The intended enforcement improvements will hopefully prevent the use of evasive strategies used by some infringers. Higher compensation awards for willful infringement as discussed in the draft may deter repeat infringers. Furthermore, the use of administrative enforcement units rather than the courts may provide benefits such as greater and quicker enforcement. Compensation will potentially be higher, as infringers that do not provide access to their accounts or materials related to infringing activities may have to pay compensation on infringement volumes that have been made credible by statements of the plaintiff. In addition, maximum statutory compensation amounts (where no other compensation calculation method is feasible with the lack of detailed proof on the infringement scale) will increase to 5 million RMB (around USD 750,000). This follows the general trend towards higher damage awards (as reported previously). Compensation and damage awards will be an additional benefit in litigation cases thus alleviating this limitation in the current Chinese system.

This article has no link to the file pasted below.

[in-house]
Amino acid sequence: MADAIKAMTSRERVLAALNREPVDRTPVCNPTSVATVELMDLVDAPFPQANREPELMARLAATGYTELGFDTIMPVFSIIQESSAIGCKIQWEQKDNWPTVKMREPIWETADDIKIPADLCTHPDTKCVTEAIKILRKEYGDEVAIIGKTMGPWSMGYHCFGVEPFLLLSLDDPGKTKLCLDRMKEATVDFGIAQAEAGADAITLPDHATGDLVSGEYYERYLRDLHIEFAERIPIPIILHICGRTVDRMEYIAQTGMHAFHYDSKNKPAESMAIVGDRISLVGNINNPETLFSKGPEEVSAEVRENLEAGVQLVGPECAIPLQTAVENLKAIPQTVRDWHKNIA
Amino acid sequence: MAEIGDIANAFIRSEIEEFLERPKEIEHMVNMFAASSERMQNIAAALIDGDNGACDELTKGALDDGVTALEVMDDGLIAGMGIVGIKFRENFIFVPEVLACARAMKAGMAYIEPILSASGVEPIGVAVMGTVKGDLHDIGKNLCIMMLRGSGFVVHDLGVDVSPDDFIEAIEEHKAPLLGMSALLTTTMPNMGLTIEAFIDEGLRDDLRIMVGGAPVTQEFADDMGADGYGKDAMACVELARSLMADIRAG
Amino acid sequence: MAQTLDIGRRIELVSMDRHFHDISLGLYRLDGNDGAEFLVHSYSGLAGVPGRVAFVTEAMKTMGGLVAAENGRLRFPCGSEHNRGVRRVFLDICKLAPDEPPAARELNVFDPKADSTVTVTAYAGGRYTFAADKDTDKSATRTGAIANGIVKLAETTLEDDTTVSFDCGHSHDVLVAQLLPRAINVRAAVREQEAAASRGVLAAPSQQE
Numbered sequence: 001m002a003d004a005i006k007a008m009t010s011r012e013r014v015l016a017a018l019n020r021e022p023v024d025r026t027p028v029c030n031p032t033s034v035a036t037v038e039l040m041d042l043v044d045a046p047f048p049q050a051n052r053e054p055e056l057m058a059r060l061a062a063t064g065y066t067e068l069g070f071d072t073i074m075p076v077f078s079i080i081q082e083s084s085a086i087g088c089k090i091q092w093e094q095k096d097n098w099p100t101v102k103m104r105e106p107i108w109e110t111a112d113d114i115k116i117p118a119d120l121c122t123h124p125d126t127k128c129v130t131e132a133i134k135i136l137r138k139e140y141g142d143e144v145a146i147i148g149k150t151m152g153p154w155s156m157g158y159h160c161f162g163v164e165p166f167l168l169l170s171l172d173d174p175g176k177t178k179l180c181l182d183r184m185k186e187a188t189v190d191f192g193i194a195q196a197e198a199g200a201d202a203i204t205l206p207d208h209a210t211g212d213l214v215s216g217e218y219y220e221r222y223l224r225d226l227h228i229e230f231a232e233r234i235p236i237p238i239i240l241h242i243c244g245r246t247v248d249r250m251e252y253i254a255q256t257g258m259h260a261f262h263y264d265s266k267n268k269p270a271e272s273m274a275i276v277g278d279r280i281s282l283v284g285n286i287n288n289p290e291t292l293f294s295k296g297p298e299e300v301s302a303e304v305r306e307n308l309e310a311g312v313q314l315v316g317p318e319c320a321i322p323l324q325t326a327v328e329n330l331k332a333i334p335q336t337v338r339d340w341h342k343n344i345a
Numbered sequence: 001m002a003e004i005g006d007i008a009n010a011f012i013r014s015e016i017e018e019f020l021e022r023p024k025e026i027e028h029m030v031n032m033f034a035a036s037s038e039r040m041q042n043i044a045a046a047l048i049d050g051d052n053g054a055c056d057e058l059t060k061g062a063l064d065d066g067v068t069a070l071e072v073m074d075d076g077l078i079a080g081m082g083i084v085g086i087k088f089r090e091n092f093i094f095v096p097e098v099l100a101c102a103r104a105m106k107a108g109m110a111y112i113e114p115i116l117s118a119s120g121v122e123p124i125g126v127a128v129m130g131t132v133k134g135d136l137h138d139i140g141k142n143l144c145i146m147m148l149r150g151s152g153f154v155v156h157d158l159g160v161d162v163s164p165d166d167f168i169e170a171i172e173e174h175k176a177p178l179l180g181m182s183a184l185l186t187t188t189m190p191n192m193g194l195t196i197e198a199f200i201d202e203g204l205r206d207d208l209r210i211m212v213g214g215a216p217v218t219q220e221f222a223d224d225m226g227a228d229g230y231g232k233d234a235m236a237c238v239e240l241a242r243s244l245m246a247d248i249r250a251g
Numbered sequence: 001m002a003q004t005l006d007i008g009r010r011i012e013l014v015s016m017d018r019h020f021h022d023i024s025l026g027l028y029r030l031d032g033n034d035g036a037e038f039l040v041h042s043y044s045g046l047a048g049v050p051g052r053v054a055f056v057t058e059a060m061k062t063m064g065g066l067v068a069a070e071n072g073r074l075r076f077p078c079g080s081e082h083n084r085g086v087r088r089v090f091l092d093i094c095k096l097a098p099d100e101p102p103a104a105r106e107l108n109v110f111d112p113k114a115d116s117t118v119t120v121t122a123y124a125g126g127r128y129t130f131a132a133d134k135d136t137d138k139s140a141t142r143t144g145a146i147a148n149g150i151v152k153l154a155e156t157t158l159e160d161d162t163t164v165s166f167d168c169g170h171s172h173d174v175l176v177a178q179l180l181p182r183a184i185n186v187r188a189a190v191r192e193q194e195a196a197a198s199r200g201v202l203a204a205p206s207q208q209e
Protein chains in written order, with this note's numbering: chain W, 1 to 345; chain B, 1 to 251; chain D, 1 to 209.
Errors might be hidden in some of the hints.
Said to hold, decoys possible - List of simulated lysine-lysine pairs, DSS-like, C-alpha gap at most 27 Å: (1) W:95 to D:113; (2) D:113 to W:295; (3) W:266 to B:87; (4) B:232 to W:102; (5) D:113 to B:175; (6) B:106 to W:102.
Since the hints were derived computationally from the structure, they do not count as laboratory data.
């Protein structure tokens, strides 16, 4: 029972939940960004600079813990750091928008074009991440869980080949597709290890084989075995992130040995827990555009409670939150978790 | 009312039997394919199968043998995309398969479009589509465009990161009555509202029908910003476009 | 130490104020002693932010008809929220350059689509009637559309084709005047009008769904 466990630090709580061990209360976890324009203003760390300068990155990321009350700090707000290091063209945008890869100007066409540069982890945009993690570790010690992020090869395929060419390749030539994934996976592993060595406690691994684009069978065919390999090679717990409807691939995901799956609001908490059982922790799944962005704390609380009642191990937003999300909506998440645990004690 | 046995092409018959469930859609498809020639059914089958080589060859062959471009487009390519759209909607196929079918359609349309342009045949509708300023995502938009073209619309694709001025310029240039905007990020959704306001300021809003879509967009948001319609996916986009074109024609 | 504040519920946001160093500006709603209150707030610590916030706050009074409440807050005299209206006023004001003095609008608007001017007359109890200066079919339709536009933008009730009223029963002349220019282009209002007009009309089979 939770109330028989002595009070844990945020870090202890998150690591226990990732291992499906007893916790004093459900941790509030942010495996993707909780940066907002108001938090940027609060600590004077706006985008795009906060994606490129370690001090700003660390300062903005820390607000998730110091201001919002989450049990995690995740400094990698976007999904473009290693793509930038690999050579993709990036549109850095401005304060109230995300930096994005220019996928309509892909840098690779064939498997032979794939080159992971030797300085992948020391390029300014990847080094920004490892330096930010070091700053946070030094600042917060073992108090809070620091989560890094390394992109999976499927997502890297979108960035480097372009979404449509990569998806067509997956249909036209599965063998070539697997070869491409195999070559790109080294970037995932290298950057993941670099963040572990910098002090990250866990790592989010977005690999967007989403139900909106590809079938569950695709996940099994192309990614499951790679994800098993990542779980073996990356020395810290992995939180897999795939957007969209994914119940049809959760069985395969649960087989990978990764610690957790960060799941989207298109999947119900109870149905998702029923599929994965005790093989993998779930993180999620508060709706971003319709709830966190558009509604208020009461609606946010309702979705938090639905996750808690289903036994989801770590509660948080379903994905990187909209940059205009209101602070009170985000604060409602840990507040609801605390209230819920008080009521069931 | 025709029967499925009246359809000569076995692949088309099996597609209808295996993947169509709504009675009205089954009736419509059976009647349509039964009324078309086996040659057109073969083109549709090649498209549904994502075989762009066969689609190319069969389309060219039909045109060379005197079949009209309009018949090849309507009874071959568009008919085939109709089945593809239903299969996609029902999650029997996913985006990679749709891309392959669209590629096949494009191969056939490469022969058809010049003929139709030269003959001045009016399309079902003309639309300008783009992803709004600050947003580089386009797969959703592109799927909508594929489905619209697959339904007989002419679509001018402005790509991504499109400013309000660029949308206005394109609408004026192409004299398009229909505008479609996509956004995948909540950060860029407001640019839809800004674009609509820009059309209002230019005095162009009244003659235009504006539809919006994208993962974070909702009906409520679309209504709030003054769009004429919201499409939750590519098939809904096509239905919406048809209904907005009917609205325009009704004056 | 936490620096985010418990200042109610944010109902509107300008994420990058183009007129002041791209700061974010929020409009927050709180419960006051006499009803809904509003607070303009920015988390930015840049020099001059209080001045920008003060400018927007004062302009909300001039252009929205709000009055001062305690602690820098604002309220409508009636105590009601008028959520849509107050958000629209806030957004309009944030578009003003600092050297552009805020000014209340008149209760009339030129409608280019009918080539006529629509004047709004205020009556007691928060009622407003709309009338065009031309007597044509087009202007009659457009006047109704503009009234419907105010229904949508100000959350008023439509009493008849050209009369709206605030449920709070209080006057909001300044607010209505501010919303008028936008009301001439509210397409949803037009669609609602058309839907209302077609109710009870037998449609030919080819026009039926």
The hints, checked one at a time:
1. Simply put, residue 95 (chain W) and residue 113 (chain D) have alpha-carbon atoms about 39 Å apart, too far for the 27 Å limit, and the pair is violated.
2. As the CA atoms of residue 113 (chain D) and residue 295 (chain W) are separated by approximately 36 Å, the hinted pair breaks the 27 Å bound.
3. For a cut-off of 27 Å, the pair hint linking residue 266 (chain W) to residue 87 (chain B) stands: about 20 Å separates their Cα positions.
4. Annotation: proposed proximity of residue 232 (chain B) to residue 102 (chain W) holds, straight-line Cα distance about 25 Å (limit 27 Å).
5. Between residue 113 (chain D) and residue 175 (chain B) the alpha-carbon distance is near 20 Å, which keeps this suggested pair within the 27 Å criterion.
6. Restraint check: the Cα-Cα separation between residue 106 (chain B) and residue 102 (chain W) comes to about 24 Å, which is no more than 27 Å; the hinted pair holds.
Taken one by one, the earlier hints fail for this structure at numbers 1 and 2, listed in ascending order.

As a result, Chinese patents will overall become more valuable.

The business operator’s view

Whilst strengthening enforcement favours originators, there is always the risk of misuse of IP disputes for unfair competition. Companies with operations in China should be aware of what the proposed changes might mean for them.

The shift to local governments being able to take stronger enforcement actions may expose companies to actions of competitors with bad intentions. A lack of experience of the new enforcement bodies may also lead to fast and harsh enforcement rulings, even where the accused infringer has complex patent invalidity arguments or other defenses such as a defense to work in the scope of prior art or having prior user rights. In this regard, it may be of particular concern that the draft provides enforcement authorities with many options to investigate the accused infringer. While extensive investigation measures may be fully justified in simple cases where an accused party committed actions infringing patent rights of others, a complex infringement situation with various defenses available may not. The recent preliminary injunctions obtained by Qualcomm against Apple in China to ban the sale of several iPhone models indicates that infringement decisions are often highly complex and require a profound understanding of the underlying facts, as well as the skills to issue a decision with a clearly defined scope.

Business operators in China will need to spend more effort on freedom-to-operate analysis, and developing defense strategies. The new enforcement options will need to be considered in any risk exposure analysis.

If you need additional information or assistance with your IP portfolio in China please contact Oliver Lutze: oliver.lutze@spruson.com